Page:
Impact of DNA mutations on blood cell production uncovered

Researchers have uncovered how genetic mutations hijack the production of blood cells in different periods of life, and how these changes relate to the development of age-related diseases, including blood cancer.

New study shows how DNA mutations impact blood cell production. Credit: Karen Arnott/EMBL.

The new study, published in Nature, represents the first time that the lifelong impact of genetic mutations on cell growth dynamics has been explored. The work was carried out by scientists at the Wellcome Sanger Institute, the Cambridge Stem Cell Institute, EMBL’s European Bioinformatics Institute (EMBL-EBI), and collaborators.

Why do cells exhibit DNA mutations?

All human cells acquire genetic changes in their DNA throughout life, known as somatic mutations. A specific subset of these mutations drives cells to multiply. This is common in blood stem cells, and results in the growth of populations of cells with identical mutations known as ‘clones’. This process, termed ‘clonal haematopoiesis’, becomes ubiquitous with age and is a risk factor for developing blood cancer and other age-related conditions.

Tracking cells and patients

“For the first time we have been able to use genomic analysis to understand the past, present, and future of mutant clones in our blood,” said Moritz Gerstung, co-senior author of the study, from EMBL’s European Bioinformatics Institute and the German Cancer Research Centre (DKFZ). “These data show that the dynamics of blood clones are surprisingly predictable over a period of years, but also highlight that they change over a lifetime in ways we don’t understand yet.”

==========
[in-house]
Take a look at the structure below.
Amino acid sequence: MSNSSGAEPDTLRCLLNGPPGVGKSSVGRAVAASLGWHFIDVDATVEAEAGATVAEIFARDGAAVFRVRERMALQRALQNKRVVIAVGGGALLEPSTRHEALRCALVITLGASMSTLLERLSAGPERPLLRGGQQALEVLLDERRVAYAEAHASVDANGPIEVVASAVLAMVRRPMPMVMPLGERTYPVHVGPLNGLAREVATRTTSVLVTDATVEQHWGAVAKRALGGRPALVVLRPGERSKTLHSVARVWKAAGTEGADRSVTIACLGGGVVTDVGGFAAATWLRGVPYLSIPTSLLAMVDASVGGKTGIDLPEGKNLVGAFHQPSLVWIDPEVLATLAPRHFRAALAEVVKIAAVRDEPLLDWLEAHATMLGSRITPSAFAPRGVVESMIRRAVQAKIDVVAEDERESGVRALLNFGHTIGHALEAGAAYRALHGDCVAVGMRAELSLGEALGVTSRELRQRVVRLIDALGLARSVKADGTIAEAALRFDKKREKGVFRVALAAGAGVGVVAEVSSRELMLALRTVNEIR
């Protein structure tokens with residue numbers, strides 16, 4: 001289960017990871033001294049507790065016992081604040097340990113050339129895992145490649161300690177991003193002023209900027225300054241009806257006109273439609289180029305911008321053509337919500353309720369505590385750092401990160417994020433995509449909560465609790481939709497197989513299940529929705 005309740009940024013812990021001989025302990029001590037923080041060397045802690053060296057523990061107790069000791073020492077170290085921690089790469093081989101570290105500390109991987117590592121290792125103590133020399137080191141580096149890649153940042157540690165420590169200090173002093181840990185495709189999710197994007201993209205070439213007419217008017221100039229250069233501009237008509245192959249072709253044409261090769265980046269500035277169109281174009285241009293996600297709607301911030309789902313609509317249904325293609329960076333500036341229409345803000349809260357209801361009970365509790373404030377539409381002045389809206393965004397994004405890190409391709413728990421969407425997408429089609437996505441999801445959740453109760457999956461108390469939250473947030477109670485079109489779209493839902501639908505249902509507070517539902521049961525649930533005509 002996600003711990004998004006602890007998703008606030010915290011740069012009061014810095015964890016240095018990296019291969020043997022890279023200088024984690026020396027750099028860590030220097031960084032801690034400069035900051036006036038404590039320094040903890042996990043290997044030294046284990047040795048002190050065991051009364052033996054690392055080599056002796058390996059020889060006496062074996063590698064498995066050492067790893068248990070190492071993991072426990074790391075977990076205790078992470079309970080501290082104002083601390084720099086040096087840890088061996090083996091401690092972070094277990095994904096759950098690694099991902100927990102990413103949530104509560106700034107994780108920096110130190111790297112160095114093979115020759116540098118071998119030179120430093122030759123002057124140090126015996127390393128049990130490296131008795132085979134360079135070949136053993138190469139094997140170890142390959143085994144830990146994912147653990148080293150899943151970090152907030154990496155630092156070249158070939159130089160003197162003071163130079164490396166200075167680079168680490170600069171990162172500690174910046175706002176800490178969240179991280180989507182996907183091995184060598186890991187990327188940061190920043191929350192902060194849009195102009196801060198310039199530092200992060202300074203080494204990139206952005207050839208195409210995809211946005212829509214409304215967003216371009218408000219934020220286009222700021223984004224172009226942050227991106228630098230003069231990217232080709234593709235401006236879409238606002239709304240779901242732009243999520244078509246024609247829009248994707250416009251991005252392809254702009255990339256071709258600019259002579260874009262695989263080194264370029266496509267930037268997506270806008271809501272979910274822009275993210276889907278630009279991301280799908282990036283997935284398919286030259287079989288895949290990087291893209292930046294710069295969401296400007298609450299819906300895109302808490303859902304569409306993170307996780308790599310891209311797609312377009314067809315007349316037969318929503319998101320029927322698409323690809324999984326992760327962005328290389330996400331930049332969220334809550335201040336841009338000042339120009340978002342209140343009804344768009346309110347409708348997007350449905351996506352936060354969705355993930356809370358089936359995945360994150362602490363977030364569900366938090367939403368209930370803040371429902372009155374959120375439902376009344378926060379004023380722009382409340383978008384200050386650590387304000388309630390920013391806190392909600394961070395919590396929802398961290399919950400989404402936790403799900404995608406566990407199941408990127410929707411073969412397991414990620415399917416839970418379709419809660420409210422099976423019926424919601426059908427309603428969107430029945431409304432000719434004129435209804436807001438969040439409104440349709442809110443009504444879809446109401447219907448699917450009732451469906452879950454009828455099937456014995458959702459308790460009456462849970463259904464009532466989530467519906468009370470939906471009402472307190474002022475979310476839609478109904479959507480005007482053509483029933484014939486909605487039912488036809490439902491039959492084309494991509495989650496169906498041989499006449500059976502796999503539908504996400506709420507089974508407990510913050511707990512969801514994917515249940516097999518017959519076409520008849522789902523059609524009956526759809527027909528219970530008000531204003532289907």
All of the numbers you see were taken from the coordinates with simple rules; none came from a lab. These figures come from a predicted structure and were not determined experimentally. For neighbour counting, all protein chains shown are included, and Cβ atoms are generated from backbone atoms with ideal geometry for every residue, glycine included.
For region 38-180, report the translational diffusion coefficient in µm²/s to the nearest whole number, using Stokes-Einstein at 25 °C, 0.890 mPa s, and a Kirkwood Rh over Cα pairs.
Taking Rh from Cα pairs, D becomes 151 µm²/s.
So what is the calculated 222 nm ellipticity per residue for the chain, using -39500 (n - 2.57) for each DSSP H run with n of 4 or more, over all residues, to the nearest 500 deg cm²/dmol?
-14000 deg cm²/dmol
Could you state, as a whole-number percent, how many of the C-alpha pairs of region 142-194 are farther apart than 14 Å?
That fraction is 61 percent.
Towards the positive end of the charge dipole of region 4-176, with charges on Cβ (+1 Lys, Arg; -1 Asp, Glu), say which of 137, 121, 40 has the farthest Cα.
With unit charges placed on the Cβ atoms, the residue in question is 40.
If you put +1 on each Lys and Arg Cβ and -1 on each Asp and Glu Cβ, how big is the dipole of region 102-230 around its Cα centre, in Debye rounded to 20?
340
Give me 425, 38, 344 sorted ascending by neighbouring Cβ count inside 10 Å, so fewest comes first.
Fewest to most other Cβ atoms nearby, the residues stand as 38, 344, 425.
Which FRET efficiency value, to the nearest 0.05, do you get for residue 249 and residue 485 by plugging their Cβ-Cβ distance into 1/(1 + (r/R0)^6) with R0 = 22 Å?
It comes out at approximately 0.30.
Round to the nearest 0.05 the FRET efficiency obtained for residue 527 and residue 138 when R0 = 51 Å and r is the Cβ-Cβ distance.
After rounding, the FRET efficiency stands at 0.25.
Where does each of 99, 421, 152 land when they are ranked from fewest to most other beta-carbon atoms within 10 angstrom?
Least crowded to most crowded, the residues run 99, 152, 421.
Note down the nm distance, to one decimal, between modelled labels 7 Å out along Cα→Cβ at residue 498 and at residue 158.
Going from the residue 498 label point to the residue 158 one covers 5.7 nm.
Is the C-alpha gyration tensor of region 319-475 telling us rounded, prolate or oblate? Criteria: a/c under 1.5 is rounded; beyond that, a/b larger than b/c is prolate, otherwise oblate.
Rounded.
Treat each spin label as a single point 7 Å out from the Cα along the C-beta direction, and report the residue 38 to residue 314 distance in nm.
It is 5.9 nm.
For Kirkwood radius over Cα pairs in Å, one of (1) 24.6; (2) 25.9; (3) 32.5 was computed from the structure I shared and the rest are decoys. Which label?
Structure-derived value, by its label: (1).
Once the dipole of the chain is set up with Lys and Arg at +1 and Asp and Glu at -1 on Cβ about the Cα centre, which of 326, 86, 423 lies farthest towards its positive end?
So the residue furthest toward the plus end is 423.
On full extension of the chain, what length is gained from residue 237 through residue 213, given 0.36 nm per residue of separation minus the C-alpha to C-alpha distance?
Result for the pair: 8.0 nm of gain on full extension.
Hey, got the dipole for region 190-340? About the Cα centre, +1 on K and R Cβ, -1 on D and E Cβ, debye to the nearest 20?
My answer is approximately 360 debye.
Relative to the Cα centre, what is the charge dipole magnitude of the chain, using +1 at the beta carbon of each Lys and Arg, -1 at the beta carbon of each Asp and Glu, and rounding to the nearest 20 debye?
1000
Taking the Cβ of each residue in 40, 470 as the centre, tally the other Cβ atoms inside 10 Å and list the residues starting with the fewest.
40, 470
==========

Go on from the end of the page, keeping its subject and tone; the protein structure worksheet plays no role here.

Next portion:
To understand how and when clonal haematopoiesis develops, how it is influenced by ageing, and how it relates to disease, the researchers tracked nearly 700 blood cell clones from 385 individuals aged over 55. Participants donated regular blood samples for up to 16 years.

DNA sequencing of blood samples showed that over 90% of clones expanded at a stable exponential rate over the period studied. The rate of growth was primarily influenced by the nature of the mutated gene in each clone.

Using the past to predict future mutations

“Our findings reveal how acquired genetic DNA changes hijack blood formation during our lifetimes, with normal blood stem cells competing against cells with pre-leukaemia mutations,” said Margarete Fabre, PhD student at the Wellcome Sanger Institute and the University of Cambridge. “Understanding why some mutations prevail in youth and others in old age could help us find ways to maintain the health and diversity of our blood cells.”

“Our work shows that mutations not only grow at different rates but also appear at different times during adult life, and that there is a good association between higher growth rates and progression to myeloid cancers,” concluded Jose Guilherme Coelho Peres de Almeida, previously a PhD student at EMBL-EBI, now a Postdoc at the Champalimaud Centre for the Unknown. “This provides not only insights into the fundamental biology of somatic evolution but can also be helpful in the clinic.”

This is a short version of a press release published on the Wellcome Sanger Institute website.


This research was funded by the Leukaemia and Lymphoma Society, Rising Tide Foundation for Clinical Cancer Research, Wellcome Trust and Cancer Research UK. 

Patients were part of the SardiNIA longitudinal cohort study supported by the National Institute of Health and the European Union’s Horizon 2020 Research and Innovation Programme.

Source article(s)

Tags: bioinformatics, cancer, embl-ebi, genomics, gerstung, press release


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